Sara here. I have a little issue with the high prices and low quality of eggs at the supermarket. At least, I do now, because when Junior Apple Janet wrote in with the following, I had to spread the word:
“Home with my parents for the holidays, I was a bit confused when Dad came home with 88 cent eggs. Yes, 88 cents. More confusing still was the rainbow of colors and sizes of the eggs – not sure I’ve ever eaten green eggs before. I don’t know when my parents started doing this, but I am a convert. In fact, I ate nothing but eggs the whole time. My folks humored me until I insisted on serving omelets for the third day in a row. I couldn’t get over how much better farm eggs are! Why isn’t everyone doing this?”
Farm-fresh eggs are a good thing. They’re fresher, tastier, more nutritious, and cost less than your average parking meter. Who would bother with the thin-shelled, bland, pale store variety of eggs when real farm eggs are available?
What’s going on, Apples? If you are lucky enough to be living in or near a rural area, I recommend that you check out the egg situation.
The purpose of this post (yes, there is a point) is to highlight some of the better-egg tips in case you, like myself, aren’t within easy access of a farm.
- Go organic, of course.
- Give each egg in the carton a quick feel to make sure it’s not cracked and stuck to the carton.
- Choose Omega-3-enhanced eggs for an easy fatty acid boost every day.
- Look for eggs that are a little bit chalky or matte. The shinier the shell, the older the egg.
- Try to pick eggs that don’t have a lot of irregularities and bumps – an older chicken giveaway. Older chicken = inferior eggs.
- Don’t worry about cholesterol.
And, while we’re on the topic of eggs, did you know that egg foo yung (an American Chinese invention) is a surprisingly healthy restaurant food? Fried rice, egg rolls and the endless procession of cornstarch-based sauces in many American Chinese restaurants aren’t exactly your best bet for nutrition. But egg foo yung is typically sauce-free, high in protein, low in fat and sugar, and usually has a few veggies thrown in. It’s really not much different from an omelet. Speaking of omelets…
That beer belly is a better predictor of your heart disease risk than anything else, says this morning’s report from the American Journal of Epidemiology (a.k.a. stuff that happens to a lot of people and shouldn’t).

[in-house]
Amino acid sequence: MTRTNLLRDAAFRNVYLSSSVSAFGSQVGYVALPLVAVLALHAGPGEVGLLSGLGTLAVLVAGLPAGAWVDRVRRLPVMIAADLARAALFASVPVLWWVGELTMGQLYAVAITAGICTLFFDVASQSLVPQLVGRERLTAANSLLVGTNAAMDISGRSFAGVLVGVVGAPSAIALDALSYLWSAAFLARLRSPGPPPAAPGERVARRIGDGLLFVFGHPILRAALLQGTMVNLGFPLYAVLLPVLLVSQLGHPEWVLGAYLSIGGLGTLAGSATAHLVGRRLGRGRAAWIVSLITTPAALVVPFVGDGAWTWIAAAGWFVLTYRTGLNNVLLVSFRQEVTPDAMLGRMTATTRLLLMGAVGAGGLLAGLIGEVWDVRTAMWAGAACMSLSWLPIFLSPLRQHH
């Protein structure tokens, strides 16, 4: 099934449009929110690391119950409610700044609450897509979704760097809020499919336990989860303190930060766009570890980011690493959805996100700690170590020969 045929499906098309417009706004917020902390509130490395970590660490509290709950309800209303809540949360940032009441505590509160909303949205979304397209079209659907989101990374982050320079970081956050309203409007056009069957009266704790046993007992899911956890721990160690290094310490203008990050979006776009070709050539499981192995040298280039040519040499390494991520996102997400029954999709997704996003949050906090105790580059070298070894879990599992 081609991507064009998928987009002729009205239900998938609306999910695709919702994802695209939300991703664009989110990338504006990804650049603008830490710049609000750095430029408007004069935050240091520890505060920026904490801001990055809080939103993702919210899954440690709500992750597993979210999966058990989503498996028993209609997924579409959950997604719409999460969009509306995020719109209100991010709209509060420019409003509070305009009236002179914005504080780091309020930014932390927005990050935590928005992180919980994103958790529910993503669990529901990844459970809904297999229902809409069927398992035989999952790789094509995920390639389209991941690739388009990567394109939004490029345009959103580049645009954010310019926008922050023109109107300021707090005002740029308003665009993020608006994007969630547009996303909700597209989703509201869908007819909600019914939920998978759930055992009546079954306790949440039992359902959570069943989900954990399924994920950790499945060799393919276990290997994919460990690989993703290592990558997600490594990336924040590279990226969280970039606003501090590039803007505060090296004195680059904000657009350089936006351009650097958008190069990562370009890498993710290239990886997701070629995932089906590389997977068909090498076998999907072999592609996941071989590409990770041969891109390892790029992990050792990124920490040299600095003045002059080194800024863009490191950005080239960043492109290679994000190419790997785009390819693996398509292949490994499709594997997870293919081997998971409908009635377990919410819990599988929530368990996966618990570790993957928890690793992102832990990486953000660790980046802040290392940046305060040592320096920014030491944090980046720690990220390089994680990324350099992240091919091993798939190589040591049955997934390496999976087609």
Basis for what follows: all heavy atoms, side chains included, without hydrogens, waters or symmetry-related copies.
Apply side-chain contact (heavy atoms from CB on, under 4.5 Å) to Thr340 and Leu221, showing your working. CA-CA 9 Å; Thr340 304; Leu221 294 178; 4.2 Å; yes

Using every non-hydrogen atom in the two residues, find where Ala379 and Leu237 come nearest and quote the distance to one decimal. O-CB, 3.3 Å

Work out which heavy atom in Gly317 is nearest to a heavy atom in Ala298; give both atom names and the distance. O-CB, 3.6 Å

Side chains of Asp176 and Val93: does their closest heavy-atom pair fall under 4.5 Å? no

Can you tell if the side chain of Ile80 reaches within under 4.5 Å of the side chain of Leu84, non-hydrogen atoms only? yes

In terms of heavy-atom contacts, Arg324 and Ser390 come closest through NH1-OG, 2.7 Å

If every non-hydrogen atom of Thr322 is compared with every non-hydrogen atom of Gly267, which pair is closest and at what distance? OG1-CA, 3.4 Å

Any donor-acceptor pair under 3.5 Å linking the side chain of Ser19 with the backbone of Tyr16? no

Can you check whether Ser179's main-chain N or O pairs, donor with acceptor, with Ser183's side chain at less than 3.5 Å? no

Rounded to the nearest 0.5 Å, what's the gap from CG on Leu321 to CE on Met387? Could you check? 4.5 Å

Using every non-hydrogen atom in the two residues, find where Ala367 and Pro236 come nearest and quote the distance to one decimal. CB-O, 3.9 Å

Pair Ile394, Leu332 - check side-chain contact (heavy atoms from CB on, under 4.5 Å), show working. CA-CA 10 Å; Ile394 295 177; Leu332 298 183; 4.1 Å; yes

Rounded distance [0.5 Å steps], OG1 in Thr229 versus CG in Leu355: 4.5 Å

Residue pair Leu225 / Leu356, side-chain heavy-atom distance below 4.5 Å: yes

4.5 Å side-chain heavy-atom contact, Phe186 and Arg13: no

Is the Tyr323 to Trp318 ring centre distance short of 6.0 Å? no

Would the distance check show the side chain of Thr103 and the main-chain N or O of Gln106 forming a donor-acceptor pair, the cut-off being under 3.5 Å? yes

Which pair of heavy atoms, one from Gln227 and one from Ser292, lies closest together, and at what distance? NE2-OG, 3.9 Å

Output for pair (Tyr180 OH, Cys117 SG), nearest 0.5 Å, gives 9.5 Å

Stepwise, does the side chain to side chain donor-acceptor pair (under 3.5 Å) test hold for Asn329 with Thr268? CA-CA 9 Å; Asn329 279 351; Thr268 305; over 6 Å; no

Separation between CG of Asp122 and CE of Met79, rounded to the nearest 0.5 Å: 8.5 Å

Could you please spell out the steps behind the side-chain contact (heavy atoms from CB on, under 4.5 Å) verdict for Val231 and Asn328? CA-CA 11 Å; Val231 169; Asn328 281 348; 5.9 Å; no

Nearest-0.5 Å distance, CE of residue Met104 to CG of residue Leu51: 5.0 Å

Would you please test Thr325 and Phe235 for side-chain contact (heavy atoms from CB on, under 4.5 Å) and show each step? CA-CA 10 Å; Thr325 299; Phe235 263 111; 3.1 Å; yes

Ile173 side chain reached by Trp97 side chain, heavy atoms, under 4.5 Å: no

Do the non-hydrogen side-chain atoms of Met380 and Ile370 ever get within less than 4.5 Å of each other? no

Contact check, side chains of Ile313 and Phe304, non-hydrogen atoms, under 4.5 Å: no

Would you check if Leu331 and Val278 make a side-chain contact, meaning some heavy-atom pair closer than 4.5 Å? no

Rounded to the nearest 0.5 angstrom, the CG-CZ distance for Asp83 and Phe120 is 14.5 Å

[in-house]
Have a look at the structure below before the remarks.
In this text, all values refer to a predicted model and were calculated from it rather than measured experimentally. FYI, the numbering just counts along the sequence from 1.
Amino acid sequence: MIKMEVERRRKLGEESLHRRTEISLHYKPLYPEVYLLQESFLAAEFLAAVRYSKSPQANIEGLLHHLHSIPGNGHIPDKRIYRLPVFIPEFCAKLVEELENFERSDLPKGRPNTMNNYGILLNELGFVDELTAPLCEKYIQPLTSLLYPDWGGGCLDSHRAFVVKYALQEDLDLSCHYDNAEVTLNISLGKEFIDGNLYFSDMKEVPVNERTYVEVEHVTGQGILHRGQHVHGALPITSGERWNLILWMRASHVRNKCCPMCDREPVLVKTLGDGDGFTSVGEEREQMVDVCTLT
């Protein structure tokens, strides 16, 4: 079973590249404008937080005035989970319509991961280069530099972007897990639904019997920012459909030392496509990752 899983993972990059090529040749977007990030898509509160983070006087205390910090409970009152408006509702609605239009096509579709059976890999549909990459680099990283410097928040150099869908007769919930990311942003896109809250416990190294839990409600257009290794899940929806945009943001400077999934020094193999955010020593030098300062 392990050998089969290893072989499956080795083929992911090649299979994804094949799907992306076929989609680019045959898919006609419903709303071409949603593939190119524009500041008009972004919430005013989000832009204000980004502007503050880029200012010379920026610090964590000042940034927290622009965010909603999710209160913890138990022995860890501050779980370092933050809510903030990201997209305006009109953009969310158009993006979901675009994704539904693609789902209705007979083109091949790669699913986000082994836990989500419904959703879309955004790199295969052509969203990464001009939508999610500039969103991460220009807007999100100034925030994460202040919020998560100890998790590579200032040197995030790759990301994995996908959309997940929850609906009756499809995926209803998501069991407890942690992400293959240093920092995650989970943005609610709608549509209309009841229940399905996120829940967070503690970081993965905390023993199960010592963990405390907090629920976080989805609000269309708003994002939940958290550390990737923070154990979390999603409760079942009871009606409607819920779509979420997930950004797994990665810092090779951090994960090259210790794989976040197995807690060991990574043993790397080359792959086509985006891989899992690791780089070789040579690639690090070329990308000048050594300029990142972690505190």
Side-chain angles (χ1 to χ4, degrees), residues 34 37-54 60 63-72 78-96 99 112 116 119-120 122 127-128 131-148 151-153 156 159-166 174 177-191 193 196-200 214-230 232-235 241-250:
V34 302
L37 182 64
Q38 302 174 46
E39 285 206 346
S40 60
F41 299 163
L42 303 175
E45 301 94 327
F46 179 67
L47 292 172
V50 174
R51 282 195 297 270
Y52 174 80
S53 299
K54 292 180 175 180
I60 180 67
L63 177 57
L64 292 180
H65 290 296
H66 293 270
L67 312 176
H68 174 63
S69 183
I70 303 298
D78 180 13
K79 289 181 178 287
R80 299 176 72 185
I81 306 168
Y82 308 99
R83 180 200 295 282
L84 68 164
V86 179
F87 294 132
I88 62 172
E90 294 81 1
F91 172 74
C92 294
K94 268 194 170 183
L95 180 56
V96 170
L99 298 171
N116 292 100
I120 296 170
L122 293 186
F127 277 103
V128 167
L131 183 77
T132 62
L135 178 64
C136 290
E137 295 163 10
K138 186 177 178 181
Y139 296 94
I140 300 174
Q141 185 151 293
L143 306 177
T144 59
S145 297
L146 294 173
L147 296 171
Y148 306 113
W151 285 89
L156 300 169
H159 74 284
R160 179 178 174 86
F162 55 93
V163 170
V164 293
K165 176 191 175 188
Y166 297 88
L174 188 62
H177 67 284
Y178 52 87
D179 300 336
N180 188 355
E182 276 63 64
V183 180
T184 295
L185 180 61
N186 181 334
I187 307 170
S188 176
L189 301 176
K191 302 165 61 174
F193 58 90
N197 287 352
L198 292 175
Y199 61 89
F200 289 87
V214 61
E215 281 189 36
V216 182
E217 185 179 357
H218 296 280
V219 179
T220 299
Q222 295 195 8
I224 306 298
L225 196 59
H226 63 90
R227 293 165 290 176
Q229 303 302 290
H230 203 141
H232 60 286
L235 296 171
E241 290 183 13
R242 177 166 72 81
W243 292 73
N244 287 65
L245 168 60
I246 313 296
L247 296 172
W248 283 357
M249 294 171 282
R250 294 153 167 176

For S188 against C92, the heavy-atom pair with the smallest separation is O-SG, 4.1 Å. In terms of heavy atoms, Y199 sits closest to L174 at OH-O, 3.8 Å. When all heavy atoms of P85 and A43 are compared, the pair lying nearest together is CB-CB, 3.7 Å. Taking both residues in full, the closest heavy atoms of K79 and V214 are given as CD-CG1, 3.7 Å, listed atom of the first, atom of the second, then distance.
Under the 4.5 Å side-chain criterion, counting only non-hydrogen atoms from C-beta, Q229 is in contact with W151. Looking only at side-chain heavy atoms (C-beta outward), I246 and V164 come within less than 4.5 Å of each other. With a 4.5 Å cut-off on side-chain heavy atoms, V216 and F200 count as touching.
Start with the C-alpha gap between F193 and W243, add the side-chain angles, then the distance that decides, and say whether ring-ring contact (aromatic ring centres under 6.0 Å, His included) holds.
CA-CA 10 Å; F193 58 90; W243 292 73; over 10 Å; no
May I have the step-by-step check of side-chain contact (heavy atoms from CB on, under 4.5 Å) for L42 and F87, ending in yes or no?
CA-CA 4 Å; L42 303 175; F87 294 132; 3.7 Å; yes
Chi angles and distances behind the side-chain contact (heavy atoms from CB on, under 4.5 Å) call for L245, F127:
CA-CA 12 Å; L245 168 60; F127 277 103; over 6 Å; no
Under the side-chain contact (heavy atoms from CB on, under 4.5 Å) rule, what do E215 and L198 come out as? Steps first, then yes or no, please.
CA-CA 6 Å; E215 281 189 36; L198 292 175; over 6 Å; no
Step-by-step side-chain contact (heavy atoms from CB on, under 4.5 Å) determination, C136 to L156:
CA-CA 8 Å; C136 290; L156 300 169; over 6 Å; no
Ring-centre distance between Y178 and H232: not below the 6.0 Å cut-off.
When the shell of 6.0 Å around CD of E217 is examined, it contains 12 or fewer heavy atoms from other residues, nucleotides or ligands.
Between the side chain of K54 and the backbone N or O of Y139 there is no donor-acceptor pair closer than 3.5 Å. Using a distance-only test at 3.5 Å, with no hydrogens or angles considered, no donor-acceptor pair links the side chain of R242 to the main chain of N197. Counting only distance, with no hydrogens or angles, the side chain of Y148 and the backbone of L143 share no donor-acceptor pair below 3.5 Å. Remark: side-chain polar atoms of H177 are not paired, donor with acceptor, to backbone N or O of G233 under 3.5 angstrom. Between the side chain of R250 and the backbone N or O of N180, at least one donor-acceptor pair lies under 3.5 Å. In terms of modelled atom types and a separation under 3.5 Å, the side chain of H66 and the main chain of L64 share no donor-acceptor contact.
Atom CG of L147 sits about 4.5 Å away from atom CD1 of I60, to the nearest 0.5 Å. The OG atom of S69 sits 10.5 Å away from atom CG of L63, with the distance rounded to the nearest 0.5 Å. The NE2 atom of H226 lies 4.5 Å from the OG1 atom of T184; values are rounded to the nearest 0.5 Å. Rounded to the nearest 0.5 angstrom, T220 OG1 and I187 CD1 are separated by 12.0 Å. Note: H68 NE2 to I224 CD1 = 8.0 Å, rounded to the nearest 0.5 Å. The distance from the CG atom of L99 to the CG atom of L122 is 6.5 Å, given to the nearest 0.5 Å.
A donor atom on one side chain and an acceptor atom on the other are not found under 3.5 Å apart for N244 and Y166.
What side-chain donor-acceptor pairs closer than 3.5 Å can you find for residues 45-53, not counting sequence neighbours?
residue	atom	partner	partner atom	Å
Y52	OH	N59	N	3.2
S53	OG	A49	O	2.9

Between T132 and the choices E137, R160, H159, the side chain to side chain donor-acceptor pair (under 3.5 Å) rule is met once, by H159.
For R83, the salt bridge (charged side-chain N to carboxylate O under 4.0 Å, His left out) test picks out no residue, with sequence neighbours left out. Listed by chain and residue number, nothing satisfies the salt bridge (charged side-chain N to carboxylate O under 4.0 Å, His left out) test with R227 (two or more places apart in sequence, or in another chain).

Click it out here.
The article also goes on to explain why the BMI (body mass index) is a pretty lousy way to determine obesity and disease risk. Not only is it on the overly-forgiving side, the BMI also neglects type of tissue (muscle vs. fat) and doesn’t account for dangerous adipose tissue around the midsection. Adipose tissue (fat) around the sensitive organs of our torsos is much more dangerous than a little fat elsewhere on the body. More on this later…
A new study seems to confirm that losing even a few pounds can help reduce a man’s prostate cancer risk. But what’s most intriguing about the latest and greatest findings is the following:
The studies reinforce the notion that prostate cancer is not a single cancer but a family of diseases, each fueled by different chemicals…
Cancer, once thought to be a “single” disease, may in fact be more similar to a condition caused by an association of factors or culprits: stress, oxidation, cell mutation, even fungus. We certainly know now that even within types of cancers, the pathologies are incredibly complicated.
It’s an ongoing issue we’ll be getting into more deeply in the future. For now, give the article a click, and spread the word: weight loss is almost always a benefit to health.
What are your thoughts, Apples?
Increasing evidence shows that exercising your mind, not just your body, is the key to living longer and healthier. For memory, cognition and alertness, the old adage “use it or lose it” is entirely true. Check out the latest trend: brain gyms. We think it’s pretty smart!
BUT NOT NEARLY AS EFFECTIVELY AS HEARTBURN PILLS
A large-scale study out of Britain has reported that taking popular heartburn medications like Tagamet and Pepcid AC can seriously increase your risk of bone fractures, because the drugs block calcium absorption.
Check out the article – here’s the clickativity.
Of course, the
pill pushers contrarians say that a simple calcium pill can offset the damaging effects of heartburn medications. That’s classic – needing a second pill to address problems caused by the first pill, which is unnecessary in the first place.
An easy fix for heartburn is avoiding foods that cause it. Getting daily exercise, drinking plenty of water and avoiding alcohol are also good ways to avoid heartburn.
Each year, about 300,000 older Americans break a bone, and 60,000 of them will die from the injury.
Heartburn medications are a $10 billion-a year cash cow.
And surprise, surprise: Ole’ Denmark did a heartburn study last year but reported that heartburn medications are, wouldn’t you know, perfectly safe. I keep trying to give the motherland the benefit of the doubt, so I would like to cast doubt on this new British study, but seeing as how it was funded by the U.S. government and GlaxoSmithKline, I have to say, something is rotten in Denmark.
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